Angel is a carbonate sedimentologist specialist in non-tropical carbonate sediments. His current research, however, is focused on the tropical realm. He is working on drowned reefs from Hawaii, studying their morphology and structure, sedimentary facies and stratigraphical successions in order to attempt to constraint eustatic sea-level changes, subsidence rates, drowning times, carbonate accretion rates, and paleobathymetry. In this expedition Angel hopes to learn basic skills in marine geology that could help him to better understand the data he works with in his current research.

Julio Harvey
Research Technician, MBARI

Julio is a molecular ecologist and evolutionary biologist currently working on the population genetics of various deep-sea invertebrate species in Bob Vrijenhoek's laboratory. Julio is also developing molecular probes capable of detecting a variety of marine invertebrate larvae and other microorganisms from environmental seawater samples as part of the Environmental Sample Processor project.

Chris Mah
Research Collaborator, Smithsonian Institution

Chris specializes in the evolution, systematics, and taxonomy of echinoderms, specifically asteroids (starfish or sea stars). His research emphasizes cold-water species, including those living in the deep sea and at high-latitudes (Antarctica and the Arctic). He has identified starfish species for National Geographic, the National Marine Fisheries Service, and MBARI, as well as organizations in France, Australia, Palau, and New Zealand. He has been on many deep-sea cruises, including submersible work in the Bahamas and Hawaii as well as more conventional scientific cruises in Antarctica, Alaska, as well as off Monterey, California. He is also the author of the Echinoblog, an echinoderm-themed blog. This will be his first trip on the Western Flyer.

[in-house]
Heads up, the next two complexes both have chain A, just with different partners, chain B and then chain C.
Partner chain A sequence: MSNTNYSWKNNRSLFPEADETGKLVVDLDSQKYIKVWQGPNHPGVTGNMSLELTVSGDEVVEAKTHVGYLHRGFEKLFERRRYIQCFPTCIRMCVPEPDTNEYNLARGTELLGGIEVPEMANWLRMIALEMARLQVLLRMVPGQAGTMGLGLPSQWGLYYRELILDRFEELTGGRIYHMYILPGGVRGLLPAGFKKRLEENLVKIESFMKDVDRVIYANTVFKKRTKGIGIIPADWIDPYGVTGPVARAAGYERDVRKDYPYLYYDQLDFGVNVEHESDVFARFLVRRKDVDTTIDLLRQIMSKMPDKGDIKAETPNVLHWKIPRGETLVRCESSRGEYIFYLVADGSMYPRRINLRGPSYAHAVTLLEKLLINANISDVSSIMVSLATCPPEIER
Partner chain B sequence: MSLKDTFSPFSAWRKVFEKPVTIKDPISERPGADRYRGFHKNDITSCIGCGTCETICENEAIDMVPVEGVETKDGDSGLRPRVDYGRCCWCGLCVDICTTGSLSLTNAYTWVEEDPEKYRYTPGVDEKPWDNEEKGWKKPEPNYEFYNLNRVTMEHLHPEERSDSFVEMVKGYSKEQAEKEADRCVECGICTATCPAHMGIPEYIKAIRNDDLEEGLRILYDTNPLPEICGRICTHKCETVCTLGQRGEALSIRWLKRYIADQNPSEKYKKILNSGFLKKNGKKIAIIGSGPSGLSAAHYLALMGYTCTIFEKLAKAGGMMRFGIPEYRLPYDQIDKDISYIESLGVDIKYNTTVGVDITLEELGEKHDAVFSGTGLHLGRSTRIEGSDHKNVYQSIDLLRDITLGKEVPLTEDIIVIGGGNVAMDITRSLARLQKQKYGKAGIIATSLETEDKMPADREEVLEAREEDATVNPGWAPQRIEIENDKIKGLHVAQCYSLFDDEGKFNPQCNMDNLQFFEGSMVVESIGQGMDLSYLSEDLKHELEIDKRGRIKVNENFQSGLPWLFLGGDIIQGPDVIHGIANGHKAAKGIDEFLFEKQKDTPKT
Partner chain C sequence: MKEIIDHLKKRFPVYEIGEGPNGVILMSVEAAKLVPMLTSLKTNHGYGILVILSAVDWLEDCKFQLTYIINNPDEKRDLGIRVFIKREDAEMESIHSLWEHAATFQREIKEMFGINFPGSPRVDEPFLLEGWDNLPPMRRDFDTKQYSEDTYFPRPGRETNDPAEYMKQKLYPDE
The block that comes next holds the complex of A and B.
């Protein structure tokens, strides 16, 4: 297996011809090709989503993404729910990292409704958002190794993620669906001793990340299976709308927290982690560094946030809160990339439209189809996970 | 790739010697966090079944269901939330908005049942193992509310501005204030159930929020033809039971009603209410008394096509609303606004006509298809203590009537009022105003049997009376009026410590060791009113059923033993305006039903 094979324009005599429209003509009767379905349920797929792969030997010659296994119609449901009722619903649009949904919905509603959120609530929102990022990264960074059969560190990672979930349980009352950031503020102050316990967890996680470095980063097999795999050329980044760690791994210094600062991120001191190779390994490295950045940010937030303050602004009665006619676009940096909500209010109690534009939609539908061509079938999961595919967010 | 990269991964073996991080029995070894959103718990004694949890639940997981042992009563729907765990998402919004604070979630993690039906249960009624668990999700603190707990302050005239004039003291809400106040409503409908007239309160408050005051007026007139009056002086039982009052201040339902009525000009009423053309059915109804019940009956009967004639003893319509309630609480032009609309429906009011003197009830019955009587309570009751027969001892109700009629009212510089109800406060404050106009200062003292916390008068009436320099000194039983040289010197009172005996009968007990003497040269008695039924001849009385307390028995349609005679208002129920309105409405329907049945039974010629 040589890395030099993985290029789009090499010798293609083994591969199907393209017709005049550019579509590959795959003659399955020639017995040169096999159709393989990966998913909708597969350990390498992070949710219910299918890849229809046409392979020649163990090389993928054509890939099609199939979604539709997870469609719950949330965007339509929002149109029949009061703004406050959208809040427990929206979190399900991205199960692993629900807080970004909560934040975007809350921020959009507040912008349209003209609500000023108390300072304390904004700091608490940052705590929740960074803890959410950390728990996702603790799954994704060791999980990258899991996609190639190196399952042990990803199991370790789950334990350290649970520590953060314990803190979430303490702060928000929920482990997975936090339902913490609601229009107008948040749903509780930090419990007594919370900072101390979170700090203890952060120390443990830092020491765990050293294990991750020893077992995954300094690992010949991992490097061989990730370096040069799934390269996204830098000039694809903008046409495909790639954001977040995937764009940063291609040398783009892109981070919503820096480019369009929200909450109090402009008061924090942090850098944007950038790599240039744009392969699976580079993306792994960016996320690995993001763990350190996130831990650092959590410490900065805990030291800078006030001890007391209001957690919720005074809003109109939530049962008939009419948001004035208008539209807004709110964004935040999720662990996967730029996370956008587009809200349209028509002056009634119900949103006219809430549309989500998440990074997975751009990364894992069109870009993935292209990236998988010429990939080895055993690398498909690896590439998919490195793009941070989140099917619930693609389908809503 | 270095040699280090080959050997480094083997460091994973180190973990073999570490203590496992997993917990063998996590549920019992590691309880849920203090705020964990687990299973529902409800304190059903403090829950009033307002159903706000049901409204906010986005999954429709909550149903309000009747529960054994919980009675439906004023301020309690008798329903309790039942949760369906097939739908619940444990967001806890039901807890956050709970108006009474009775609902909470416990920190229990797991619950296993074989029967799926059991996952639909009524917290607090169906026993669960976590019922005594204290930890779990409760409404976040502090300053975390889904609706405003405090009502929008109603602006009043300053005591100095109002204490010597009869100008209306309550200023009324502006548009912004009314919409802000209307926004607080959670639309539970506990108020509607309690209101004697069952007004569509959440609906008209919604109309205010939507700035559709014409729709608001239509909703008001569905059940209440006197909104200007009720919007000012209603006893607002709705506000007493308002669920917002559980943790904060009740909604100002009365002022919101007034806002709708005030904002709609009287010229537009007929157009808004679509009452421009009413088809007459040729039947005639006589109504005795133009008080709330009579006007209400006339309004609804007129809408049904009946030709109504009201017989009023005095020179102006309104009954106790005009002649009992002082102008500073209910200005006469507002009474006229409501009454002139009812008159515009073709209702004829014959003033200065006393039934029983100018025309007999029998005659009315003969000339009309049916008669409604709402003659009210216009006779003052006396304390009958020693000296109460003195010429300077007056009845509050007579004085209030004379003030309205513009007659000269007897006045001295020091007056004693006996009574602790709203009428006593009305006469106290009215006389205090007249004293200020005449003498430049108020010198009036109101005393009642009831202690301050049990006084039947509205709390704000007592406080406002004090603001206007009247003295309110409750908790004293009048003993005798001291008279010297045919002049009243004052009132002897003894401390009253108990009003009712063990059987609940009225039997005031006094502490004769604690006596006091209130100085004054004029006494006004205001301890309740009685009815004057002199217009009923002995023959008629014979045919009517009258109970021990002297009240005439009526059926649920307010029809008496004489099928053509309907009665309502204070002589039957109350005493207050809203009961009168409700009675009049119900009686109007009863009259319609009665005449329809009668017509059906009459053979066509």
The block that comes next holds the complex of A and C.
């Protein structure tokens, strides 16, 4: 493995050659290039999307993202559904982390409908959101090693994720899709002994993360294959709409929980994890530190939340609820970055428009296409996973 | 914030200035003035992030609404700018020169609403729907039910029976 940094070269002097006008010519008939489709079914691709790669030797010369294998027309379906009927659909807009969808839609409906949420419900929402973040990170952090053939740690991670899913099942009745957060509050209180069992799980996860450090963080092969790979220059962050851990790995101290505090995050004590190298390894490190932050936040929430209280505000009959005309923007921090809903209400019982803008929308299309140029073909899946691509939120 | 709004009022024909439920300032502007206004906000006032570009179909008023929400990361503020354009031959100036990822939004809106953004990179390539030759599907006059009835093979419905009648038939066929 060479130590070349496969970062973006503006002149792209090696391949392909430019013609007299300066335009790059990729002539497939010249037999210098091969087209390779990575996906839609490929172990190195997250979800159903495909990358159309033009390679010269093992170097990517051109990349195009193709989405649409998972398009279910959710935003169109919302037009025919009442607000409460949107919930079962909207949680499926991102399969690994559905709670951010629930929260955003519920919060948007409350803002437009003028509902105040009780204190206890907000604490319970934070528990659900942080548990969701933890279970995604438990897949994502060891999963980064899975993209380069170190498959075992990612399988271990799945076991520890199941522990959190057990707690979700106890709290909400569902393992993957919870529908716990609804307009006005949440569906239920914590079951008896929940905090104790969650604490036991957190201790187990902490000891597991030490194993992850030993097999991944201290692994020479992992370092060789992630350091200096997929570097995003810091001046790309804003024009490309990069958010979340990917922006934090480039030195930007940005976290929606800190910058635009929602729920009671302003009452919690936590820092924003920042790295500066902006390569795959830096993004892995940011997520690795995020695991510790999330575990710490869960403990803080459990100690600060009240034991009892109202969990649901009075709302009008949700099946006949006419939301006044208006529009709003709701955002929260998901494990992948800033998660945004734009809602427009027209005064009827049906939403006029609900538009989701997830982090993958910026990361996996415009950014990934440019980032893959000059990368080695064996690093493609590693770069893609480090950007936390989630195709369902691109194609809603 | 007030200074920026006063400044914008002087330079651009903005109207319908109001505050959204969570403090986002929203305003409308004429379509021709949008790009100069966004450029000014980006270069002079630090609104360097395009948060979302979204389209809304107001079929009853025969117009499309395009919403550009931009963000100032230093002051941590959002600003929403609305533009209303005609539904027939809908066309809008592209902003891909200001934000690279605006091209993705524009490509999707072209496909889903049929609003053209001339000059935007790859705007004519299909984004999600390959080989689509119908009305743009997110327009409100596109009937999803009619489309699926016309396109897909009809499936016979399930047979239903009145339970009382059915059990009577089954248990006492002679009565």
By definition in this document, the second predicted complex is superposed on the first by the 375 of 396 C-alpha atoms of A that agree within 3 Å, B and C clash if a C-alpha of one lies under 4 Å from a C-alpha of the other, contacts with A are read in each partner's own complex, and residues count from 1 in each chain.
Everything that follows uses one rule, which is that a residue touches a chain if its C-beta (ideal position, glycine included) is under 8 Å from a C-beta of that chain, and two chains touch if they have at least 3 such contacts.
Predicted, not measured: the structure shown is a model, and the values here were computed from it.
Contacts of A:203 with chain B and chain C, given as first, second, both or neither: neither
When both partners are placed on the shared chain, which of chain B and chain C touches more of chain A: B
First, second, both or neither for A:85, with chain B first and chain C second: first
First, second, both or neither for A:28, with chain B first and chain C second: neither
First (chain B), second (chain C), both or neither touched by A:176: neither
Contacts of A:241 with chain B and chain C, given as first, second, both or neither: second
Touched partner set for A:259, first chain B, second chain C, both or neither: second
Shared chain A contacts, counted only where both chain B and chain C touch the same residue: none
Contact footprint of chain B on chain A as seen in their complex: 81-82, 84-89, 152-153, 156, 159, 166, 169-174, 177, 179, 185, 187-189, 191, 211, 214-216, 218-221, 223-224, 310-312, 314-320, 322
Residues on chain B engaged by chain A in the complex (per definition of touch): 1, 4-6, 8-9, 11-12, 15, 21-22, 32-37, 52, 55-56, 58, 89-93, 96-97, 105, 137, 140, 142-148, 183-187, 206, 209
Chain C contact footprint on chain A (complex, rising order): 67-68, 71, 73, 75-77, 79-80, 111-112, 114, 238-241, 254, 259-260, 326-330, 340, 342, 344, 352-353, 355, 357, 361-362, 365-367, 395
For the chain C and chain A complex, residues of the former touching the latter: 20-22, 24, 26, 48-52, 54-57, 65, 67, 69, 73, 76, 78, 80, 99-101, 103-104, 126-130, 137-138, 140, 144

Soureya Becker
Graduate Student

Soureya recently received her bachelor's degree in general geology in Munich. She gained field experience related to volcanology during a campaign to Colima volcano in Mexico, where she looked at pyroclastic flow and block-and-ash flow deposits, did detailed stratigraphic logs, and performed density measurements in the field. She also participated in a field trip to Etna, Vulcano, Lipari, and Stromboli volcanoes where she was shown the different aspects of Italian volcanism. After these terrestrial experiences she is now looking forward to discovering more about submarine volcanism. She will benefit greatly from participating in this cruise, as it is highly complementary to her university education.

Levin Castillo
Student, University of Quebec, Chicoutimi

Levin Castillo-Guimond finished a BSc-Honour's degree in Earth Sciences at University of Quebec in Chicoutimi (UQAC-2009). His prime interest was on the physical volcanology of Archean mafic and felsic submarine successions, as they are often associated with volcanic massive sulfide deposits (VMS). In addition, to better understand large-scale caldera evolution and pyroclastic processes, Levin participated on a field trip in autumn 2007 on the island of Tenerife (Canary Islands). In summer 2009 he worked for an exploration focusing on gold and uranium deposits.

Gillian Clague

Gillian recently received her BSc-Honours degree in Marine Biology in Brisbane, Australia. She gained diving field experience while observing fish behavior on the Great Barrier Reef. On previous research cruises, she has assisted in the processing of collected organisms and in the collection and analysis of underwater video to identify the benthic life present on flows over an age series. On this cruise, she will assist in the collection of underwater video and hydrothermal clams and tubeworms, and aims to gain a better understanding of the diversity of animals living at these sites.